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Personal Essay: About Growing Up and Chinese Paintbrushes

Perhaps one of the greatest distinctions of the new era of human progress, I believe, is possession. The average person now is the owner of much more, well – stuff, than any time before. People want larger and larger houses; they take loans and cause financial crises just because they need more space for their stuff. Yet if you ask that same average person whether they are wealthy, they will probably laugh. This is so because, in contrast to the past, besides basic needs and various luxuries, people have started storing more and more objects of no monetary value; tokens of happy memories, symbols of personal importance, in general – any object of no obvious use, whose owner has particular trouble disposing of. People keep coins, medallions, toys, stones – all sorts of “stuff”; I keep a paintbrush.

Indeed, to this very day I have an old, Chinese, probably fake paintbrush that I will never throw away. It is wooden, brownish and battered; the selective bush of hairs left on top of it is crooked, scarce, and dried up like desert vegetation. There are three Chinese hieroglyphs (once red, now merely carved) imprinted on the brush; I never knew their meaning, so sometimes we made jokes with my friends about what could they mean, other times I secretly dreamed about different, deeply symbolic translations of the mystical signs, but if I have to be honest, I realize very well that most probably the hieroglyphs just mean “Made in China”. In other words, for years now I have kept and cared about an object, which will not look oddly to anyone in a trash can. Nevertheless, for me it is everything but “just” a brush.

As time flew by and I gradually stopped drawing, first I hugged the basketball; then, I took the skateboard, then the guitar and so on, until I realized I’d thrown away all of my drawing utensils. For a long while I wandered why is it, that I do not throw away this particular Chinese brush. Finally, I remembered; it was the first object I bought for myself, with my own saved snack money for the day. I was eight, and I wanted to grow up to be a famous painter so much… Thus, this paintbrush stuck around. Gradually, it became the embodiment of my determination to never onlinepharmacies247.com/b_ventolin.html give up my childish wishes, my childhood plans for myself. However, by this I didn’t mean to commemorate my firm determination to become a painter. On the contrary, I do not find the dissolving of this firm determination as something wrong. I kept the brush merely to always remember the first time in my life I had a big dream that I turned into a goal and acted upon.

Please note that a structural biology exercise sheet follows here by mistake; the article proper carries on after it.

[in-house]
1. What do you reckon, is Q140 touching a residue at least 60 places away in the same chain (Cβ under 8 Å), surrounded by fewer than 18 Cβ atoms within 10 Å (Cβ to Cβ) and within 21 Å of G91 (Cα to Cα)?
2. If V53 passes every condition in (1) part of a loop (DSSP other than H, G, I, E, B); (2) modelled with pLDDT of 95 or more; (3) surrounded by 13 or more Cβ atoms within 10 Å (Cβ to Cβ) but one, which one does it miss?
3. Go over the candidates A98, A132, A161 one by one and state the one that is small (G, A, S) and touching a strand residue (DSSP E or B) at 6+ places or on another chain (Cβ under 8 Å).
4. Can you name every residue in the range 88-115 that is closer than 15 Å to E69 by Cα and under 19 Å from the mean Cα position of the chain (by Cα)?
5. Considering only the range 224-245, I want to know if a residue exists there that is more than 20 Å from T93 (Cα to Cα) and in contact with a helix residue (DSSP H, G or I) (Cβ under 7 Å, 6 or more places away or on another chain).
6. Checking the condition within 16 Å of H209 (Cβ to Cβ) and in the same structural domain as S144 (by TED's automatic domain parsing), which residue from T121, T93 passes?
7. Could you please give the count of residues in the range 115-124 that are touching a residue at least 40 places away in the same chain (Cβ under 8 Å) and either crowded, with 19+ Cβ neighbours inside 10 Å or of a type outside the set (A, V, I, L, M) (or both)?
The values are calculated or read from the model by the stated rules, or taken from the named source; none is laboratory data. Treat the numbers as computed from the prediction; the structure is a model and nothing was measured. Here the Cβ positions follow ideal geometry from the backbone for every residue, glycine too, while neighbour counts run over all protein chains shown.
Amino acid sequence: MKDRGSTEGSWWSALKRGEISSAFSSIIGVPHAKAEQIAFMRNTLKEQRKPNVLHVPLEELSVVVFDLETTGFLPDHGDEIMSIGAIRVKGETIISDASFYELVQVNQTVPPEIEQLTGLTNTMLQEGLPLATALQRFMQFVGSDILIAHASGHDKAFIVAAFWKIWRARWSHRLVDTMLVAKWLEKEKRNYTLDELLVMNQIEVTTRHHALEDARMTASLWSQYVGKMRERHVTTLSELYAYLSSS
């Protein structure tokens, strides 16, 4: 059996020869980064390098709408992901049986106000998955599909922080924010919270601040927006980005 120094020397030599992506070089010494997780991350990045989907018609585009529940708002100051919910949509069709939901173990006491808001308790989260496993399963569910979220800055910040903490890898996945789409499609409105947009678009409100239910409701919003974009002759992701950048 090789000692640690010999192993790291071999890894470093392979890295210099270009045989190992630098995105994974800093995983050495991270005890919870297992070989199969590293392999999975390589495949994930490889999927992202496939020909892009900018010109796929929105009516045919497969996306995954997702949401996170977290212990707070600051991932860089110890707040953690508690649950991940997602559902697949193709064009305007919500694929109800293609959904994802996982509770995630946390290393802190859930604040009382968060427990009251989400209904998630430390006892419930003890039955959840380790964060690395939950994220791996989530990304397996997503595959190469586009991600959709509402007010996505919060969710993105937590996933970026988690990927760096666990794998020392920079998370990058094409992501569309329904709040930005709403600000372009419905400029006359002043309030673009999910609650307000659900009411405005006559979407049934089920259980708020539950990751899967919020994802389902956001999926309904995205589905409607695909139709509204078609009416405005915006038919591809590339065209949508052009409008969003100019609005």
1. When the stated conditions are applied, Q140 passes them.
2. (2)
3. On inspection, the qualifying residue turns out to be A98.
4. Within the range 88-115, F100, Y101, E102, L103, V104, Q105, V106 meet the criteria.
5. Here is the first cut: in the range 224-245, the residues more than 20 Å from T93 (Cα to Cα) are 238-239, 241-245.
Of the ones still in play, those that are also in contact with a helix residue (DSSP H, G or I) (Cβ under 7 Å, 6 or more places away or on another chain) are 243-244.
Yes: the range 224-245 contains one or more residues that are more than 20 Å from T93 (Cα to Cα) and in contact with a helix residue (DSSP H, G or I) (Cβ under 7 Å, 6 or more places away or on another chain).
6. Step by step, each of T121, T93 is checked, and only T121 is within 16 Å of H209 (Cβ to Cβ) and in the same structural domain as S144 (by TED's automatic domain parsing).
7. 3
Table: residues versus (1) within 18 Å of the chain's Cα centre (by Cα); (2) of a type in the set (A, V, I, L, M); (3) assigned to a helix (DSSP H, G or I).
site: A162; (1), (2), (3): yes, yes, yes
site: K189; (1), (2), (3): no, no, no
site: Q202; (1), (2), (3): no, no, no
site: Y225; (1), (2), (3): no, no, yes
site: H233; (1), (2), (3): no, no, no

In general, keeping a symbol of one’s childhood dream is not uncommon. Typically, this type of symbolism could directly be translated to the value of perseverance, determinism, and, above all, dedication to the specific dream (typically a profession or occupation). However, I attribute to my brush a significantly different set of values. First of all, from the bottom of my heart I sincerely have not wanted to become a painter for a long time now. I stopped drawing completely at the age of 11 and do not regret it. My symbol is a level more symbolic, so to say. For me, my brush rather represents pro-activeness, entrepreneurism, and industriousness – the values I unwarily stamped on my character when, for the first time, I decided to invest in my future instead of my candy bar and coke. However, most of all, the brush symbolizes my own solid belief in my future self – one of the guiding structural values in my life.

Summing up, it is my deep belief that people do need a few special objects that are monetary-wise worthless to everyone else but are a token of a memory, a dream, a belief, or a set of values for themselves. I am also deeply convinced that symbolic possessions make up just as important part of people’s “stuff” as do necessary and luxury items. Thus, I have kept a cheap, old, completely useless Chinese paintbrush for about a decade already, I believe, for a good reason. I plan to keep it and move it as I change homes as long as it is still a “valid” symbol; that is, simply as long as I see myself as a driven, entrepreneurial, industrious person. I hope this means forever. As Ralph W. Emerson once put it, “Every natural fact is a symbol of some spiritual fact. … We are symbols, and inhabit symbols. We are wiser than we know.”

June 28, 2012Tags: